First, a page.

Back to School

So, I’m about to head back to Chapel Hill to give a lecture at the University of North Carolina’s School of Journalism and Mass Communication. I’m lecturing on my thesis, which was a case study on crisis communication in the Air Force.

I decided to use Storify to mix it up a bit. I think we’re all getting tired of PowerPoint for everything. So, my initial draft is below.

Now, this is meant to help the students prepare for the lecture, so I intentionally left some things out. I know they are supposed to read my whole thesis, but it’s almost 150 pages with appendices and I know the students just aren’t going to read that. So, below is the draft, with a few holes in it. I’m going to add in the rest tomorrow before the lecture. I thought it’d be fun to see how it changes after tomorrow.

For now, if you have an opinion on the presentation, let me know. Enjoy!

Lost Missiles and Lost Messages

Facebook Like it’s Your Birthday

In my Facebook career, I’ve always made it a point to respond to every birthday wish I receive on my wall. When I had my birthday not long ago, I was repeatedly chided by my girlfriend for ignoring her (in her mind) and the Miami sun to respond to my birthday wishes. Imagine my chagrin when, as @eliciaeler at RWW pointed out, the new Timeline made it so very difficult to respond to each post.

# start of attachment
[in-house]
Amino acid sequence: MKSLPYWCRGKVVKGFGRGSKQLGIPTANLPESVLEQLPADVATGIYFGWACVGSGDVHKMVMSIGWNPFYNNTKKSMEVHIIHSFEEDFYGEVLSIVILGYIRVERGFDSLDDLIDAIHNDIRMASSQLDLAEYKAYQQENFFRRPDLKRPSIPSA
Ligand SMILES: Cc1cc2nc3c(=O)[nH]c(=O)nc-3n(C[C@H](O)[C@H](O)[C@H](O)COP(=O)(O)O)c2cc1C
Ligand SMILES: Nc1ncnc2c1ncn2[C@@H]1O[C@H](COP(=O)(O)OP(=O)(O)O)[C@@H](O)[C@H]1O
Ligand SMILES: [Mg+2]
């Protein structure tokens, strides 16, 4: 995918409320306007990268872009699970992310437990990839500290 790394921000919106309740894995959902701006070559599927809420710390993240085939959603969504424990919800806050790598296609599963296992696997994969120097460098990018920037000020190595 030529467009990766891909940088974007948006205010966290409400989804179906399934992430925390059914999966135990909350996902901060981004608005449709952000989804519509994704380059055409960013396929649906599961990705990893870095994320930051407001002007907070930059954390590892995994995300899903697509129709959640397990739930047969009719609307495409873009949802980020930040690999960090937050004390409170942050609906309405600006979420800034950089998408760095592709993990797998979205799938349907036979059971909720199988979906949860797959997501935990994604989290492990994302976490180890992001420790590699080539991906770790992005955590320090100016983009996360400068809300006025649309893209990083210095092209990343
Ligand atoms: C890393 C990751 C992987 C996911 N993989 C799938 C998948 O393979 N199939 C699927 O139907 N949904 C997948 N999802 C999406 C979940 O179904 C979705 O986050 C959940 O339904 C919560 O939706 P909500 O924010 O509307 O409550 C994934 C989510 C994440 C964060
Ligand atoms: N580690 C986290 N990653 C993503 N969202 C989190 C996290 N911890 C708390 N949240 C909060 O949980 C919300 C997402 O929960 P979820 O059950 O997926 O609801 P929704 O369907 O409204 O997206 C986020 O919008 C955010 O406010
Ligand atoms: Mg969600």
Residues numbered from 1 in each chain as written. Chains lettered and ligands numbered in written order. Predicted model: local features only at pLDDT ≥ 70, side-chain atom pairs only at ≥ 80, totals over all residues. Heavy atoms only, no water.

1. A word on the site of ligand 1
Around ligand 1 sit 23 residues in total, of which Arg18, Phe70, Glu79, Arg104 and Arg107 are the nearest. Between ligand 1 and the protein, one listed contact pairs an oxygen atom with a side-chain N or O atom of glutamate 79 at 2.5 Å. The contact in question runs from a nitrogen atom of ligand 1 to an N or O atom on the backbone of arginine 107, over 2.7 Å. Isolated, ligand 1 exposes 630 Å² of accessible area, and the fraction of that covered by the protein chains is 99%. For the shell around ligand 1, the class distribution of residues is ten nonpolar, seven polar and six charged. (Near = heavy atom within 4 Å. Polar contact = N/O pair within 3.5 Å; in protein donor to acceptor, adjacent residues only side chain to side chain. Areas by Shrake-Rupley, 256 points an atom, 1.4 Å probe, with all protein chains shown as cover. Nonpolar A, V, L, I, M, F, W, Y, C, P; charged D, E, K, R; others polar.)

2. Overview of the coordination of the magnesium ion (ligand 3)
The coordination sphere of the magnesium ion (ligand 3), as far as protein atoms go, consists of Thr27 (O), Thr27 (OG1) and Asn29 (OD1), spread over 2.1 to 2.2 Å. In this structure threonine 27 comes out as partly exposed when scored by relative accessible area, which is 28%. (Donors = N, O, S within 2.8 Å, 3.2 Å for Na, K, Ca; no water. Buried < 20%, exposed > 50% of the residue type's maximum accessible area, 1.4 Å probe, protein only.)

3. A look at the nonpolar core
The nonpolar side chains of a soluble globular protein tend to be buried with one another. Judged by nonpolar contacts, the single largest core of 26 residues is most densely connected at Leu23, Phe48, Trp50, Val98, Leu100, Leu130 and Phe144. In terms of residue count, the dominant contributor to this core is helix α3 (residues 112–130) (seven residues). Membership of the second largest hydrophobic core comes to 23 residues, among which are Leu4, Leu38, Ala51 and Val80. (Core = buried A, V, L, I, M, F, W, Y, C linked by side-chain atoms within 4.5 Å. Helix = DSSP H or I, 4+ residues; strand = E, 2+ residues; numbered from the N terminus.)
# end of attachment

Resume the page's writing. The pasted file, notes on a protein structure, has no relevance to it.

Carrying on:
This feels like part of an existing trend to me – one in which we all are sacrificing relationship and uniqueness for efficiency. We see it in everything from mass-produced furniture to fast food to, now, our friendships.

I will point out that I beared the brunt of my chiding and still responded to each post, even though Facebook made it a pain. I hope that the 81 of 552 friends I have who chose Facebook as the way to wish me a happy birthday appreciated that.

To my grandmother, the only person who chose the ancient method of sending a card (she’s not on Facebook), your birthday wish is also on my wall – the one in my kitchen.